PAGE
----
probability of failure at runtime. The standard RV assumes constructing a monitor that
checks only the currently observed execution of the system against the given properties.
This dissertation proposes a framework for predictive RV, where the monitor instead
checks the current execution with its finite extensions against some property. The extensions are generated using a prediction model, that is built based on execution samples
randomly generated from the system. The thesis statement is that predictive RV for
stochastic systems is feasible, effective, and useful.
The feasibility is demonstrated by providing a framework, called Prevent, that builds a
predictive monitor by using trained prediction models to finitely extend an execution path,
and computing the probabilities of the extensions that satisfy or violate the given property.
The prediction model is trained using statistical learning techniques from independent and
identically distributed samples of system executions. The prediction is the result of a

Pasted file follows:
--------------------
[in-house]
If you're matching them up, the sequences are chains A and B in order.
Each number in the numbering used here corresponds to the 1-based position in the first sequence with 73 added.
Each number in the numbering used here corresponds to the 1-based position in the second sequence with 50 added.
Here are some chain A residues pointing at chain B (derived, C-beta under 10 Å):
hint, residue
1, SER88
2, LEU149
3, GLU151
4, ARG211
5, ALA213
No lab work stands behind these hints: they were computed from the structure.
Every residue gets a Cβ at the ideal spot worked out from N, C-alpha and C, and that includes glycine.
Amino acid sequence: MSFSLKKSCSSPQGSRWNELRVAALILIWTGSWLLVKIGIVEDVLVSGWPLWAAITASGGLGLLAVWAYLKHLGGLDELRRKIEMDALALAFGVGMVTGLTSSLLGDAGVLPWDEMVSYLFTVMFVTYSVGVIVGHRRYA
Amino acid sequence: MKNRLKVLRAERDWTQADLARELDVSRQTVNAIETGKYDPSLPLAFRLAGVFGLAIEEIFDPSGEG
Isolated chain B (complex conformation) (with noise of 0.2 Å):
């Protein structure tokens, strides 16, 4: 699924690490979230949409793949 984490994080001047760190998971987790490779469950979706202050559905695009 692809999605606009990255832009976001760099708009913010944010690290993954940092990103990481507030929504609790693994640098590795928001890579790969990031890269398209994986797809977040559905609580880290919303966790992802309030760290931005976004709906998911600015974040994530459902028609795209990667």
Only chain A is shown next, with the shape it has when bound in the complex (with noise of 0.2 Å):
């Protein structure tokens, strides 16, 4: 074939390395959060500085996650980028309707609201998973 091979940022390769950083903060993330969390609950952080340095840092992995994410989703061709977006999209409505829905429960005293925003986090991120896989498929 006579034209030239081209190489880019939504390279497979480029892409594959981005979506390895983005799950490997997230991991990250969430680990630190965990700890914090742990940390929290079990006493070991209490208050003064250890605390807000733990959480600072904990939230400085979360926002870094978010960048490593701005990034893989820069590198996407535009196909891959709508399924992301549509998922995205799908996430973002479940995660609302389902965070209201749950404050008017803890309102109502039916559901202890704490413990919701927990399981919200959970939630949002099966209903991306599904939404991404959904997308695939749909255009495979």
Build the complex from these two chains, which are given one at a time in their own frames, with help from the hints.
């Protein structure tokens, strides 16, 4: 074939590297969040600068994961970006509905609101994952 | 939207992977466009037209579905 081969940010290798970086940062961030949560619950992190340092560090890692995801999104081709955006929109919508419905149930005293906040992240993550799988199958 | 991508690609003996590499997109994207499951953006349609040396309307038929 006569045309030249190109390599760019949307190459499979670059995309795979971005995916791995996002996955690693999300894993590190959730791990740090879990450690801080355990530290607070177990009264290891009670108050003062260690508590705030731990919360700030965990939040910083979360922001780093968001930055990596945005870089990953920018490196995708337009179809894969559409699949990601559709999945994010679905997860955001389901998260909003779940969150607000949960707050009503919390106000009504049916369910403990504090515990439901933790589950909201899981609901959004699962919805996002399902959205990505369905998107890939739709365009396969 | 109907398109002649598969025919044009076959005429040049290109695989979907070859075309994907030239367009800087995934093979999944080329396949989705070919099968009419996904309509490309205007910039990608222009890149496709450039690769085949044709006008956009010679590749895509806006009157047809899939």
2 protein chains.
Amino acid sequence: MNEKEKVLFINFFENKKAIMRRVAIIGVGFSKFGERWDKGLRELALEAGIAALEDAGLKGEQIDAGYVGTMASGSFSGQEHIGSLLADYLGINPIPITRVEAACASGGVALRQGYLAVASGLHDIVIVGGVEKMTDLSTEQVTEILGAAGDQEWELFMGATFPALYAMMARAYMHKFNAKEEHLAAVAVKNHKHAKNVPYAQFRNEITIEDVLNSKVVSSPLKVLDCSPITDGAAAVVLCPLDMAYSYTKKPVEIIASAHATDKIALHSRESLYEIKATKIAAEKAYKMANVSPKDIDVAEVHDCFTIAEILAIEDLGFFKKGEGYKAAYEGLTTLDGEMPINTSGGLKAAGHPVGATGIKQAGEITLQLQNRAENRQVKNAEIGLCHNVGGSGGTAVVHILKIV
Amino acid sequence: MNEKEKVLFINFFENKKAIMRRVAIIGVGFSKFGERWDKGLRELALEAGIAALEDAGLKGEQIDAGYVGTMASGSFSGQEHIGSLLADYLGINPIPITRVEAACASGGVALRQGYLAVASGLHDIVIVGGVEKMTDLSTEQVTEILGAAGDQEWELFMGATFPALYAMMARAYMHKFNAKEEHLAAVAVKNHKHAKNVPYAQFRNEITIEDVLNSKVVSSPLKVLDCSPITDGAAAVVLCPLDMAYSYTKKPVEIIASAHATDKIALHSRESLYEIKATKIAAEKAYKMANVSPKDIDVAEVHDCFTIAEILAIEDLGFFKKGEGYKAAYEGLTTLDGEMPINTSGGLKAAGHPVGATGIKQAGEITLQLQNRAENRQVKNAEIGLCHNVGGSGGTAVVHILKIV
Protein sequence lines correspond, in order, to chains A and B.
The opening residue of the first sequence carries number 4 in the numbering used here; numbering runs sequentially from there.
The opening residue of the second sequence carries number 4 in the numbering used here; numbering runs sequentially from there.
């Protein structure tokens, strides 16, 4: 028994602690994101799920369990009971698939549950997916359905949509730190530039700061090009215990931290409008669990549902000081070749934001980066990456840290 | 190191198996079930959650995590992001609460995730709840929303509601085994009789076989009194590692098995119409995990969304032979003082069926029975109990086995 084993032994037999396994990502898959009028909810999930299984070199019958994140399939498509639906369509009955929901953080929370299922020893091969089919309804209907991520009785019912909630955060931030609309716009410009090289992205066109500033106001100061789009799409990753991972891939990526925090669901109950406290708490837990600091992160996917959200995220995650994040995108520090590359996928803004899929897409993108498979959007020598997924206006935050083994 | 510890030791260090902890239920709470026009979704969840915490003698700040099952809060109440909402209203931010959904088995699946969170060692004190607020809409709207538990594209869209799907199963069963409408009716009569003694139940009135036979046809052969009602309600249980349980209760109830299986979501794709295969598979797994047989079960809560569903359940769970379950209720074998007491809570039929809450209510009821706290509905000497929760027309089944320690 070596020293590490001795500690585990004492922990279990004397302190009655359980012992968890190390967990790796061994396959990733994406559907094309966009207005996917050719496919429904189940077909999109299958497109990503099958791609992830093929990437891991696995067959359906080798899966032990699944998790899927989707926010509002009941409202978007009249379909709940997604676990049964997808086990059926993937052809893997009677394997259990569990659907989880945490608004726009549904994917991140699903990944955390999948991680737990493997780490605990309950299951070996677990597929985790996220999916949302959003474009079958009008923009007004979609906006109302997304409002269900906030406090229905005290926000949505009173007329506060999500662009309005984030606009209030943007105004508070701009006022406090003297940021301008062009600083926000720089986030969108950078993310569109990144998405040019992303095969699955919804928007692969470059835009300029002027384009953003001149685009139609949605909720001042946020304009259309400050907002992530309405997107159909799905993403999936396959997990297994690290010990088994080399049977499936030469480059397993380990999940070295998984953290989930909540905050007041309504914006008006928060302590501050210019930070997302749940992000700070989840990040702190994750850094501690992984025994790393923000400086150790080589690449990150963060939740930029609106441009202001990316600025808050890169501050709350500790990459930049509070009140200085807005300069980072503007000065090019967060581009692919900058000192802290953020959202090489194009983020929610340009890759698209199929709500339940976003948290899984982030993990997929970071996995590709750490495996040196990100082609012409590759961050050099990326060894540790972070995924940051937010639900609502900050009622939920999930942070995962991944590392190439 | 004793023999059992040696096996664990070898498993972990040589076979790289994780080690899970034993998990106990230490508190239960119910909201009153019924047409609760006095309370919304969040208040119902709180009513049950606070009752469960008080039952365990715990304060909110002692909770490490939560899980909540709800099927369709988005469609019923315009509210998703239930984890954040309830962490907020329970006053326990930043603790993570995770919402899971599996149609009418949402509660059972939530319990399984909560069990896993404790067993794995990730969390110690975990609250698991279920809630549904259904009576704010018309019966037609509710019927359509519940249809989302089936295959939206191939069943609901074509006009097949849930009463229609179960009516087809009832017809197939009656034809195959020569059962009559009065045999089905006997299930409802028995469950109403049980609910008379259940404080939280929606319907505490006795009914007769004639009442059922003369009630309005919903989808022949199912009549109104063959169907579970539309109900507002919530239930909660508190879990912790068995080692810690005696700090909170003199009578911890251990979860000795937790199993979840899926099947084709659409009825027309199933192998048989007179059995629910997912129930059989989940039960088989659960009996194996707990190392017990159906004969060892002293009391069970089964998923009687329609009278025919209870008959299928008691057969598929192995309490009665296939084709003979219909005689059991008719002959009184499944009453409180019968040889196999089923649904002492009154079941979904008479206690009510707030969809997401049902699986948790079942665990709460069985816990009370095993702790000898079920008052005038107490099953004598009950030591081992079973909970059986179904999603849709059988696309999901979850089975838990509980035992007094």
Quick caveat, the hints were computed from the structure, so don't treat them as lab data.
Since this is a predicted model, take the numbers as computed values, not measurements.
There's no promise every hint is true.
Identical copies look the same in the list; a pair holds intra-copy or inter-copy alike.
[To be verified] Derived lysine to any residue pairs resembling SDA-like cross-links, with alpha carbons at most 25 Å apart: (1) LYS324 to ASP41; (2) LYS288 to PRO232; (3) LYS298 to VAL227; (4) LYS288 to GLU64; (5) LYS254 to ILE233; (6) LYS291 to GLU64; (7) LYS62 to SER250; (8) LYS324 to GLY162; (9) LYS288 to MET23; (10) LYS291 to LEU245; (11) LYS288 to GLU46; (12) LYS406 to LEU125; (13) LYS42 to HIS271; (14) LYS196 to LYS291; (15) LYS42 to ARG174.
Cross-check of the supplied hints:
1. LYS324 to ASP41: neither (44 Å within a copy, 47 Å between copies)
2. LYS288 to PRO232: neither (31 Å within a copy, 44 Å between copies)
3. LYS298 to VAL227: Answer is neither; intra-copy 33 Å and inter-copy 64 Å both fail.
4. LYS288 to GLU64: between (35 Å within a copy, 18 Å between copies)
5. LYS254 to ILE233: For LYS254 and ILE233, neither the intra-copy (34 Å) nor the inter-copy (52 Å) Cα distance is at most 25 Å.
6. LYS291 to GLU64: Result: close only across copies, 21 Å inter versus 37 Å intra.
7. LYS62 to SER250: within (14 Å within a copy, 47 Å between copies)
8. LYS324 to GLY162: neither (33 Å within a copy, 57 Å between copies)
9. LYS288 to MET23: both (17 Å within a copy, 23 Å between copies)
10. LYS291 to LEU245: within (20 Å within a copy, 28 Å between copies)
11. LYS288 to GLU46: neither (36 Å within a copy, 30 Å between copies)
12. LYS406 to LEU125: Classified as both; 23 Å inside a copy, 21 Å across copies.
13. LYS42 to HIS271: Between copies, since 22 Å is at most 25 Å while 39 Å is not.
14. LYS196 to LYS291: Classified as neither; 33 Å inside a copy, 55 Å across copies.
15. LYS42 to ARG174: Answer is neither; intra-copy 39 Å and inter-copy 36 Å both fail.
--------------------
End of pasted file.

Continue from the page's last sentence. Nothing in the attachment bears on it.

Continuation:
quantitative bounded reachability analysis on the product of the prediction model and the
automaton specifying the property. The analysis results are computed offline and stored in
a lookup table. At runtime the monitor obtains the state of the system on the prediction
model based on the observed execution, directly or by approximation, and uses the lookup
table to retrieve the computed probability that the system at the current state will satisfy
or violate the given property within some finite number of steps.
The effectiveness of Prevent is shown by applying abstraction when constructing the
prediction model. The abstraction is on the observation space based on extracting the
symmetry relation between symbols that have similar probabilities to satisfy a property.
The abstraction may introduce nondeterminism in the final model, which is handled by
using a hidden state variable when building the prediction model. We also demonstrate
that, under the convergence conditions of the learning algorithms, the prediction results
from the abstract models are the same as the concrete models.
Finally, the usefulness of Prevent is indicated in real-world applications by showing
how it can be applied for predicting rare properties, properties with very low but non-zero
probability of satisfaction. More specifically, we adjust the training algorithm that uses
the samples generated by importance sampling to generate the prediction models for rare
properties without increasing the number of samples and without having a negative impact
on the prediction accuracy.
2019-08-13T00:00:00Z